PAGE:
ASHTRAYS EMPTY AFTER NPD TOBACCO COMPLIANCE CHECK
With the help of a 16-year-old volunteer, the Newcastle Police Department performed an underage tobacco sale compliance check on Friday, May 31.
The tobacco compliance check consisted of sending an undercover officer into local businesses that sell tobacco products. Shortly thereafter the minor would enter the establishment and ask the clerk for a tobacco related product.
At this point, serving as a witness to a potential crime, the officer would pay special attention to whether or not the young lady was asked to show her ID to prove that she was 18, the required age to purchase tobacco in Oklahoma.
If the clerk sold any tobacco related product to the teen, a citation would have been immediately issued, and the clerk would be responsible for the fine which is $290.
“Most every store told our volunteer that she was too young and needed to wait a couple of years before she could complete such a transaction,” Newcastle Police Department Chief Gary Norman said.
A total of 11 businesses were unknowing participants in the compliance check that resulted in all 11 stores being declared compliant.
Those locations were: Tri-City 66/Phillips 66, Tri-City Mart/Conoco, Walmart, Thunder Mart/Conoco, RB66, Loves North, Loves South, Handy’s, Bells, Dollar General, Walgreens.
“We are extremely happy with the outcome,” said Norman. “It’s always nice to see the community, as a whole, work together to abide by laws and help keep our youth away from tobacco.”
Underage tobacco use has become an epidemic sweeping the nation.
Last November the Food and Drug Administration launched a multi-pronged attack on the rising underage use of tobacco products, imposing sales restrictions on flavored e-cigarettes and announcing plans to ban menthol cigarettes and flavored cigars.
The new sales restrictions reflect health experts' concerns that e-cigarette use could lead to nicotine addiction early in life and affect the developing adolescent brain and that some e-cigarette users will go on to smoke more dangerous regular cigarettes. The agency also said it will go after products marketed to children — through the use of cartoon characters, for example.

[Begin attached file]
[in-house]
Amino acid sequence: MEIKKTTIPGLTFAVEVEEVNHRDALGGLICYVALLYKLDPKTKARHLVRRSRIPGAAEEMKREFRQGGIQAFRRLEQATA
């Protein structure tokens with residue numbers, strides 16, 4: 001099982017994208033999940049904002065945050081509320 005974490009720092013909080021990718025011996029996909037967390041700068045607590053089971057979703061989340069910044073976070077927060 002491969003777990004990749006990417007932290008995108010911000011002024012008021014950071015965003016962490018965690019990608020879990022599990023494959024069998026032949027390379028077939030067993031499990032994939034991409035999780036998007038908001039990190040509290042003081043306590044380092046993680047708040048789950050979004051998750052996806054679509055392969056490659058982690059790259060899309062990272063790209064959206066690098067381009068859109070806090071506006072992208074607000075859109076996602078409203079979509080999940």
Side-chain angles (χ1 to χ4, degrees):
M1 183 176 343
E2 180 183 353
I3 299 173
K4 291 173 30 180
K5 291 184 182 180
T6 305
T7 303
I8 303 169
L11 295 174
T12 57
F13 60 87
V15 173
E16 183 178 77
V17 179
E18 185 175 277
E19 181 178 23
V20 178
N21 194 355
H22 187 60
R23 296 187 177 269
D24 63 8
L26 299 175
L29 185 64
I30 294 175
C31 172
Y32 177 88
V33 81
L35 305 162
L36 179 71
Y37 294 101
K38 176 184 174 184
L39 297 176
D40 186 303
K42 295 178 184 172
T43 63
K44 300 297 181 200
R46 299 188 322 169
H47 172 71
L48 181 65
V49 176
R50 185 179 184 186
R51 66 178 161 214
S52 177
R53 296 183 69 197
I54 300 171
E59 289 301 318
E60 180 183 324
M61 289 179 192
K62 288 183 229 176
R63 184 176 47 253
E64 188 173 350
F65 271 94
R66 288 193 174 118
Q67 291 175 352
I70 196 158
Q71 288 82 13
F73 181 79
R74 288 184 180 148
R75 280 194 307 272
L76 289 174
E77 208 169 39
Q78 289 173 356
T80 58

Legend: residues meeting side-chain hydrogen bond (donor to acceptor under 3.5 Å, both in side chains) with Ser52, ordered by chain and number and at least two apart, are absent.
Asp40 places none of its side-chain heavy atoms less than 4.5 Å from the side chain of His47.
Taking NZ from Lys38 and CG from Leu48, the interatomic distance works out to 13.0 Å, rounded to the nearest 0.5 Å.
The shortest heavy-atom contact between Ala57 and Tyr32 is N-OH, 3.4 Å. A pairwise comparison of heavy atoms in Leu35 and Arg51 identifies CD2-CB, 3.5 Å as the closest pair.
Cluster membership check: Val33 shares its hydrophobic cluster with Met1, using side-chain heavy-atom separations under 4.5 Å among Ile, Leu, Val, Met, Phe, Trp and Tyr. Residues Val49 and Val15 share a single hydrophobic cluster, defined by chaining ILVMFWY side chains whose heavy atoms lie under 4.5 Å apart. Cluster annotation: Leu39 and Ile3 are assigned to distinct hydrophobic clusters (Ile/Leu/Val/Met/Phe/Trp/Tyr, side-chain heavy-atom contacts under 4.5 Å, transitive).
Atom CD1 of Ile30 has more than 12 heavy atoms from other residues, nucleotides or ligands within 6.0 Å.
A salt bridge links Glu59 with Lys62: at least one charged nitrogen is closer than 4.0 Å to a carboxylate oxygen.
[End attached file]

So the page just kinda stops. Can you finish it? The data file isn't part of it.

More significant than the e-cigarette steps are the FDA’s commitments to propose bans on menthol in cigarettes and cigars, as well as other flavors in cigars. Such prohibitions will require new regulations that could take years to go into effect and could be derailed by opposition from the tobacco industry. If successful, though, the bans could have an especially large impact on African American adults and youth, who smoke menthol cigarettes and flavored cigars at higher rates than other groups.
The FDA published new data showing a surge in e-cigarette use among minors. The 2018 National Youth Tobacco Survey, by the FDA and the Centers for Disease Control and Prevention, found that vaping had increased 78 percent among high school students since last year and almost 48 percent among middle schoolers; 3.6 million youngsters reported vaping at least once in the previous 30 days.
The FDA says it will limit sales of many flavored e-cigarettes to bricks-and-mortar outlets that have either age-restricted entry or areas inside stores that are not accessible to people under
18. The agency also will require stepped-up age verification for online sales.
The FDA’s e-cigarette crackdown already has had an impact. Juul Labs, which accounts for more than 70 percent of e-cigarette retail sales and has been blamed by the FDA for much of the rise in underage use, announced this week that it would stop selling most of its flavored e-cigarette pods — specifically, mango, fruit, crème and cucumber — in 90,000 retail outlets, and enhance its online protections. The company also said it would halt its social media promotions of the products. And Altria said late last month it would stop selling its pod-based flavored e-cigarettes for now.
The e-cigarette sales restrictions cover e-liquids as well as cartridges and pods, the FDA said. Agency officials said those items already are sold primarily in adult vape and tobacco shops. But vaping advocates said the items are popular at truck stops, and could be affected.
Why is vaping an important issue?
According to the Truth Initiative, young people who use e-cigarettes are four times more likely to start smoking cigarettes than their peers who do not vape. On top of that, e-cigarette use among young people, many
of whom were not smokers in the first place, has skyrocketed in recent years, jumping 78% among high schoolers between 2017 and 2018 alone.
Nicotine levels in e-cigarettes are highly variable, with some reaching levels near combustible cigarettes. Nicotine is harmful to developing brains: younger users are more likely to become addicted, have more difficulty quitting and may be at higher risk for addiction to other substances in the future.
Locally, the NPD does their part in the prevention of underage tobacco use by performing the tobacco compliance check. The goal is to stop underage tobacco use, as well as holding stores and their clerks accountable.
Nationally the fight to prevent underage tobacco use has only just begun.